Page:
Such inductive inferences are obviously provisional and subject to correction on further evidence, but that holds for all origins science investigations.

And of course, inductive genralisations cannot utterly forbid rare exceptions or circumstances where a hitherto well substantiated “law” of nature breaks down by failing to give good predictions. That is what happened with classical physics c 1880 – 1930, giving rise to the modern quantum and relativistic era in physics. Where also givne that most scientific paradigms have been superseded across time the pessimistic induction obtains: we have no grounds for imagining that we have arrived at final truth today.

Thus also, those who are fond of asserting that say Darwinian macro-evolution as the explanation for origin of body plan level biodiversity is a “fact” on the level of the theory of gravitation, are doubly in error. For, the Newtonian theory of gravitation has found a more advanced cousin, as an aspect of the General theory of Relativity. And, even if that had not happened, the logic of induction is inherently provisional.

Newton still has much to teach us about science. END

2 Replies to “He said it: Newton in Principia, on rules of reasoning for experimental philosophy

  1. 1
    Mytheos says:

    Methodological Naturalism versus The Naturalism Worldview.

    With regard to the scientific community there is a generally accepted approach to practicing science. In philosophical terms this approach is called “methodological naturalism”. This approach requires that we cannot evoke something unknown to explain evidence. Methodological naturalism is our best way of being sure of the things we can know, for instance by repeated observation we can be sure that birds come from eggs so we don’t need to evoke an unknown source to explain how birds are born. Thus a known plus a known equals a known.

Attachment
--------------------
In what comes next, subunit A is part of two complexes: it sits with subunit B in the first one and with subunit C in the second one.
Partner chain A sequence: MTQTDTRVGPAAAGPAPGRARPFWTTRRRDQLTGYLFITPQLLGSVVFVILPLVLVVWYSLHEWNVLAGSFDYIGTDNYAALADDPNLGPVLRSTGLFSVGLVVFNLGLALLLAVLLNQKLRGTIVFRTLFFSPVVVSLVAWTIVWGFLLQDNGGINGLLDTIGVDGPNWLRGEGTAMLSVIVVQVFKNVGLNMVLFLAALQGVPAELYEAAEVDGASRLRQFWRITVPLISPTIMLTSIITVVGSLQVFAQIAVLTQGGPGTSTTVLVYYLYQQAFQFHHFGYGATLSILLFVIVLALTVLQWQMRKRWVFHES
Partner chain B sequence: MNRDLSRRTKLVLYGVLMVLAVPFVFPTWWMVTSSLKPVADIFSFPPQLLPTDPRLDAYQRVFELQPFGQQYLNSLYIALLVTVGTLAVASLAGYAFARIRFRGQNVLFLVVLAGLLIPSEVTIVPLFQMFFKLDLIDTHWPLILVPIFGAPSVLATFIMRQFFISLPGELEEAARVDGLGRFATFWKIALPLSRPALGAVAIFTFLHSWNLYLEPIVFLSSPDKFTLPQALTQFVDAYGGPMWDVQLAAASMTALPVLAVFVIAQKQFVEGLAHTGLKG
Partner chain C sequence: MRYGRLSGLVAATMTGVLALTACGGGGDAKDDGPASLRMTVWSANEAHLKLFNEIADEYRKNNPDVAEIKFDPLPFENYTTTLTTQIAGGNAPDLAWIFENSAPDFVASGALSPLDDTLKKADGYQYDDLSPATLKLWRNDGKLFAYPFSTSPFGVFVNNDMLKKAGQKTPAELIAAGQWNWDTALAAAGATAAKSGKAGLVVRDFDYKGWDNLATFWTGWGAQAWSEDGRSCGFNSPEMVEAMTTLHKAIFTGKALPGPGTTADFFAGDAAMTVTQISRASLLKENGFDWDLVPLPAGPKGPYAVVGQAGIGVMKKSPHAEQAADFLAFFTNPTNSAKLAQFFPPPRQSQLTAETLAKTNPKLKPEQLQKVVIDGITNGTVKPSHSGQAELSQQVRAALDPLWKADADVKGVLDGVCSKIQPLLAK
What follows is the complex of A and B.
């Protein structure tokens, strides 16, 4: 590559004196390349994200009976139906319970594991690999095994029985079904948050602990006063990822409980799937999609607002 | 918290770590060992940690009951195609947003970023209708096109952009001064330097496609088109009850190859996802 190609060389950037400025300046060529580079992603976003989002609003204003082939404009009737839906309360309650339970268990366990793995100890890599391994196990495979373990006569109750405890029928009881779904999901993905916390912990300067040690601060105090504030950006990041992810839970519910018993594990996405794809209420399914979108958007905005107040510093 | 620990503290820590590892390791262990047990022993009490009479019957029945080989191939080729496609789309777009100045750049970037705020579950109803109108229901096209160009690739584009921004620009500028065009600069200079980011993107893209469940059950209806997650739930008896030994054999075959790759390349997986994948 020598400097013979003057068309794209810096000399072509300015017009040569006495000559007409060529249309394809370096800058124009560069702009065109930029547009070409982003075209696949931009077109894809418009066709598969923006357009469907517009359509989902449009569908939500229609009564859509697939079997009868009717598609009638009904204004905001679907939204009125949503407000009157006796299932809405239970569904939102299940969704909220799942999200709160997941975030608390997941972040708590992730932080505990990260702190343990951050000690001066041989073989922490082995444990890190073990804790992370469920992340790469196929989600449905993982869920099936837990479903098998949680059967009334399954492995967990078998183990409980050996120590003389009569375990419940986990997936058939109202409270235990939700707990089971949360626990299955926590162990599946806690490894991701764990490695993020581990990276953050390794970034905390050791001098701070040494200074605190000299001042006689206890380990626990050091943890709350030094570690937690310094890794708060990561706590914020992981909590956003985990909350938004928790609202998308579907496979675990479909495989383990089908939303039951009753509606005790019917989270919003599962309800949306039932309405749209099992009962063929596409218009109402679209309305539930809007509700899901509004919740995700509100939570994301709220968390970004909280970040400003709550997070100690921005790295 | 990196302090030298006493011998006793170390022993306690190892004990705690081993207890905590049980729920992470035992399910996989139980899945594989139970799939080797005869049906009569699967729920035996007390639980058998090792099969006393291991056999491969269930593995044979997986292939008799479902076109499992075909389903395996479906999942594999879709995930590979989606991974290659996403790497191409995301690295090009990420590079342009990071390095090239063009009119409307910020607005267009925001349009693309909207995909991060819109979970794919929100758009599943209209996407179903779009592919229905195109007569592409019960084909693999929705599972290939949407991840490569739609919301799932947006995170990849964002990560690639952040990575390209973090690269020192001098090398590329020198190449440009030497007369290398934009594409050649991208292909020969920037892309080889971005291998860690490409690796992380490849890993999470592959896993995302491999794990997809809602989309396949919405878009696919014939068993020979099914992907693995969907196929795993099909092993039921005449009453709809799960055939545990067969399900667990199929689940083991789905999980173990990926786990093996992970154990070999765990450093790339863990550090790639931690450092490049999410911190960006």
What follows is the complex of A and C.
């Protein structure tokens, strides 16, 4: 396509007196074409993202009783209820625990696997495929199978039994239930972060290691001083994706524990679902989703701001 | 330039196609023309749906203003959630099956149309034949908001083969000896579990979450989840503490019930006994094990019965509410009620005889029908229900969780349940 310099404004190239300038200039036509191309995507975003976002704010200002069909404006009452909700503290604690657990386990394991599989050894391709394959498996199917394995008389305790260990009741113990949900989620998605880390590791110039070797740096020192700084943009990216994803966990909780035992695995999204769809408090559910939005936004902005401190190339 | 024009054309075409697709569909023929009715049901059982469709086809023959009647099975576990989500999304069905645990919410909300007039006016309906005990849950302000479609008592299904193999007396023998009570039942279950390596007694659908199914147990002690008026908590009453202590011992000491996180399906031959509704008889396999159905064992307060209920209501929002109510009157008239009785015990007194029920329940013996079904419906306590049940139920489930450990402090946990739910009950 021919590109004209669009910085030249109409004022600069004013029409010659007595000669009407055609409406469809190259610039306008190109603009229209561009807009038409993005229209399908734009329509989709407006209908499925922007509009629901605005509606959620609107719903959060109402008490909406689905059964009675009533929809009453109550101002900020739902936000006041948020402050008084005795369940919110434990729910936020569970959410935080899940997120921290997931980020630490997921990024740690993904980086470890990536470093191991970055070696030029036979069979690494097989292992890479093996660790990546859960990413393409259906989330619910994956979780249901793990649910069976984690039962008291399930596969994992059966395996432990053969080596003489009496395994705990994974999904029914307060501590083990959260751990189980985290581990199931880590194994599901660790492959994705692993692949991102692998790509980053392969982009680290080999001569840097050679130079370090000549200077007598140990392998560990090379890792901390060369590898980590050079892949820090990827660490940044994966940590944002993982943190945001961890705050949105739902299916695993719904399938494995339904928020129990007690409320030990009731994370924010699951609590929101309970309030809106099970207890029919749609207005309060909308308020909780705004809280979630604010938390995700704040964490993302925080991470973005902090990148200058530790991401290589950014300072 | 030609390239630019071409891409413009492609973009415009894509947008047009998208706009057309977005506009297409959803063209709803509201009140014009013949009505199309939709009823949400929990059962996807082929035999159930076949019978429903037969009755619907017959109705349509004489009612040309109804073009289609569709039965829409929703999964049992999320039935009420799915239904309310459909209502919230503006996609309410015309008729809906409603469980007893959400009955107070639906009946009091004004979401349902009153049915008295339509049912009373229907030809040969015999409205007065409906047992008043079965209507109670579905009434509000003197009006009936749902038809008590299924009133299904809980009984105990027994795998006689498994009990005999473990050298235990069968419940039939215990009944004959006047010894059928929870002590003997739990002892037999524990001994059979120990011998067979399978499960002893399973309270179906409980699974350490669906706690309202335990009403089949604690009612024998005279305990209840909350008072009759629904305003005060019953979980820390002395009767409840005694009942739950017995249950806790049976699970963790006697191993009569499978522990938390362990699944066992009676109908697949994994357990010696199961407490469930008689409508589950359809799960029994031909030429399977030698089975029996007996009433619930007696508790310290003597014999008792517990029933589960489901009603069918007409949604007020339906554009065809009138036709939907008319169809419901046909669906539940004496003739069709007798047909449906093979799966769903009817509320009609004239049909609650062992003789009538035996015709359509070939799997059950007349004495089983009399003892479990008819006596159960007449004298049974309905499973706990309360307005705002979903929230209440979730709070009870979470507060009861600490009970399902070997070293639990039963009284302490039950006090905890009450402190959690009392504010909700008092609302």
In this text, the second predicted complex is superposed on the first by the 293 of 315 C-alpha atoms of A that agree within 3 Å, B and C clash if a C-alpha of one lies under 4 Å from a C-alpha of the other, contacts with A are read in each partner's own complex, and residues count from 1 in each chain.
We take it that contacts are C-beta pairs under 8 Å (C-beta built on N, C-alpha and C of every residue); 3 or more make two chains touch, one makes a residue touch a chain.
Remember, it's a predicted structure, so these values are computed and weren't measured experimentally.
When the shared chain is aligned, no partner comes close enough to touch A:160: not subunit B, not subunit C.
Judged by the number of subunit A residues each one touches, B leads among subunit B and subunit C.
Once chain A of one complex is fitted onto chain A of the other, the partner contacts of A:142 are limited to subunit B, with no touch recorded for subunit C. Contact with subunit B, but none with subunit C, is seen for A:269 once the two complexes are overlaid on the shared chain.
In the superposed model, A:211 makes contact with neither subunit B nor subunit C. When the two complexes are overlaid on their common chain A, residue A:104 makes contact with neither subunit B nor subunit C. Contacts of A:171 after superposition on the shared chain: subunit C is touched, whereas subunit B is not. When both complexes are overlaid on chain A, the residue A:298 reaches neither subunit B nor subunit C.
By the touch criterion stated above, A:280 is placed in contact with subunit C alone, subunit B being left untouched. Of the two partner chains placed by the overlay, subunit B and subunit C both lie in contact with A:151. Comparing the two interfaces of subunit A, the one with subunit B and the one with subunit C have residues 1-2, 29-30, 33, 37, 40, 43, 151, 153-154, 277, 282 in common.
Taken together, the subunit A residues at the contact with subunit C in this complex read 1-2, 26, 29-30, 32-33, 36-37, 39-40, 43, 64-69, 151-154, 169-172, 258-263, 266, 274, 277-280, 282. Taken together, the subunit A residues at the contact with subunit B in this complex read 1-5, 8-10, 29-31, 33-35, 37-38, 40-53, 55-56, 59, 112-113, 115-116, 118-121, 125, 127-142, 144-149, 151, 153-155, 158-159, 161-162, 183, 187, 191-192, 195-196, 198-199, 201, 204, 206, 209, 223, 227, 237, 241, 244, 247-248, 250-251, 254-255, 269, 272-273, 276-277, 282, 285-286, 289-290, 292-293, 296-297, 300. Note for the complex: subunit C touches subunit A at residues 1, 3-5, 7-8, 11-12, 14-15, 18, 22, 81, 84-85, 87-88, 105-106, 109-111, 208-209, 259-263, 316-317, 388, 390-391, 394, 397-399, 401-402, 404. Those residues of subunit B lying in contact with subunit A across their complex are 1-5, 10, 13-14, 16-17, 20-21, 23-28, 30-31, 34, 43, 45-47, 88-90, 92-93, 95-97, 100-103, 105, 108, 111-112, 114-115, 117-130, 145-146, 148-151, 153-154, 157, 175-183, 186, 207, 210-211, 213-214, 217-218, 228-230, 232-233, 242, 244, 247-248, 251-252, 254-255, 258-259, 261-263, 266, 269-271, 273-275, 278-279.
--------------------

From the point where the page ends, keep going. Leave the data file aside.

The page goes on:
A problem occurs however, when we are faced with things we cannot know, for instance we cannot know how the first birds originated. It’s not that we are waiting to discover how they originated but rather, that the origin of birds is unknowable. We can use methodological naturalism to learn more about bird origins but we can’t use it to find out how the first birds originated. No method exists that can make the unknowable known. Thus a known plus an unknowable equals an unknowable.

    The “Naturalism Worldview” is an assumption that Nature and its laws are all that exist or; That anything outside of Nature is irrelevant.
    This worldview is quite similar to methodological naturalism in that it attempts to cancel out any unknowable sources as explanations for Existence. The problem is that we can’t know if naturalism is the true way to view reality, that naturalism is true is unknowable. The other problem is that the origin of Existence is also unknowable. An unknowable plus an unknowable equals an unknowable and therefore any decision about Existence and its origins is purely philosophical (mythological) and certainly not scientific.